Havana, First Impressions
Havana, the old town at least, is the dreamiest blend of design and age, like a shard of glass beaten beautiful by the sea. We see buildings the color of conch shells, a limestone cathedral pocked with age, palm fronds bristling against patinated bell towers, scalloped stained glass windows. Bird cages and their captives hang outside doorways as if to replace doorbells. I imagine renting an apartment here where I could write and drink in the nude while I wait for my underthings to dry on my wrought-iron balcony.
Live music spills into the street from every direction, prodding us to wiggle as we walk. A three-man band lure us onto a patio for a listen and a round of mojitos. Sir and Toots request their favorite – Yolanda – and the band plays a heartrending tribute. The music drowns out the mewing of kittens, orange little bastards that roam around the patio rubbing their scrawny backs against our chair legs.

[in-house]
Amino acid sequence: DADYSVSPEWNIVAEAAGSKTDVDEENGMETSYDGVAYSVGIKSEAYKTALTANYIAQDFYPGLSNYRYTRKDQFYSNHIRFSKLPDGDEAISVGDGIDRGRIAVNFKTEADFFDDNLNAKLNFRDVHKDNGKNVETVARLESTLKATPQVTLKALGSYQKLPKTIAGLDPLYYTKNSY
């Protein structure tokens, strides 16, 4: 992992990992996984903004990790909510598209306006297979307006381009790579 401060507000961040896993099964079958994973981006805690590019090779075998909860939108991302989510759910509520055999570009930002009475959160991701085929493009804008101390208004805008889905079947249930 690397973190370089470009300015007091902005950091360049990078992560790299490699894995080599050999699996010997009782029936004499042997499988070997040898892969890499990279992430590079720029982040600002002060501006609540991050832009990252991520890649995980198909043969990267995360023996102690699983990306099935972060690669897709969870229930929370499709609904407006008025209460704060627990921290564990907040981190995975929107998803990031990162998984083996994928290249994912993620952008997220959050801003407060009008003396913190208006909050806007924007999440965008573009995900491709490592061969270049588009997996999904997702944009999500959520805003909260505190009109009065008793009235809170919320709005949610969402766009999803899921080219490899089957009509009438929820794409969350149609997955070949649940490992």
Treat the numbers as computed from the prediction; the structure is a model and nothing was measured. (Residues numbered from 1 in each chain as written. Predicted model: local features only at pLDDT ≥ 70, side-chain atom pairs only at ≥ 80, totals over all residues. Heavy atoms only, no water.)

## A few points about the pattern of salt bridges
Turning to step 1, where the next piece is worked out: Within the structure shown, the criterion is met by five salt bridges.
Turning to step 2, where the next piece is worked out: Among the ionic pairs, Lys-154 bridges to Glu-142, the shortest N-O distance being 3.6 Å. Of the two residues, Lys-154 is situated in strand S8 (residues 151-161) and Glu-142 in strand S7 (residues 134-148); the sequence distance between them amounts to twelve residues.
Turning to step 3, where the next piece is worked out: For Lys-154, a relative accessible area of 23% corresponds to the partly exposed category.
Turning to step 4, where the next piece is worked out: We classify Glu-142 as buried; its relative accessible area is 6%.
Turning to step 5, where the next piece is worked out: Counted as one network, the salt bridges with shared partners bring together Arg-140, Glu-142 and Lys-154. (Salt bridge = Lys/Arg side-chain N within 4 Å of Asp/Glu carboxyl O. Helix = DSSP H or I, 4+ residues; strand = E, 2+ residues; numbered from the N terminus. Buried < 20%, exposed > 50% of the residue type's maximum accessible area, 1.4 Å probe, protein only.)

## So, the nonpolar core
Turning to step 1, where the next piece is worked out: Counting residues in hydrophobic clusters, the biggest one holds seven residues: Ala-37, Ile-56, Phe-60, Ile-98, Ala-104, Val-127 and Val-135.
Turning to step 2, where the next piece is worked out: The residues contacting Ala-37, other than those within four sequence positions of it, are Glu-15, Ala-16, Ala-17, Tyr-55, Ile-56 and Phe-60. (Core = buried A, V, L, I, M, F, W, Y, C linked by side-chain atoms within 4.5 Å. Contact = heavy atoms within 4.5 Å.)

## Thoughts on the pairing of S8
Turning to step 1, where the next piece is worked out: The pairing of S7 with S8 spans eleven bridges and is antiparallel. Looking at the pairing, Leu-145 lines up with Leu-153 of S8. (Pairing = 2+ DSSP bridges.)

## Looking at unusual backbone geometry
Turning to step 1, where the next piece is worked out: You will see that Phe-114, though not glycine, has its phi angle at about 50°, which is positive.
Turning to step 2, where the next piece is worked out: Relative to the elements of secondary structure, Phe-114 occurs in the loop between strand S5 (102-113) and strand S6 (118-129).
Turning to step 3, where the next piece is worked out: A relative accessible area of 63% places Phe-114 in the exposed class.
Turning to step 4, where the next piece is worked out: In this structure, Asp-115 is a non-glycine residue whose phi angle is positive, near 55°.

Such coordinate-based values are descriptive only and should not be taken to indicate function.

In the courtyard before us we watch herds of American tourists shuffle from sight to sight, their cameras slapping their bellies with each step.
For dinner we sit at a government-owned canteen and eat some miserable chicken fried in palm oil. We notice all the cutlery is engraved with “Comair,” the former airline. Is this where all the metal airline silverware went after 9/11? To Cuban canteens?
There is no toilet paper anywhere. There are no toilet seats. The plumbing in general is questionable. It’s helpful to have Cuban pesos (as opposed to CUCs) for tipping the bathroom attendants, though what service these women provide I’m not entirely sure.
Up next: Béisbol, a Cuban Pastime.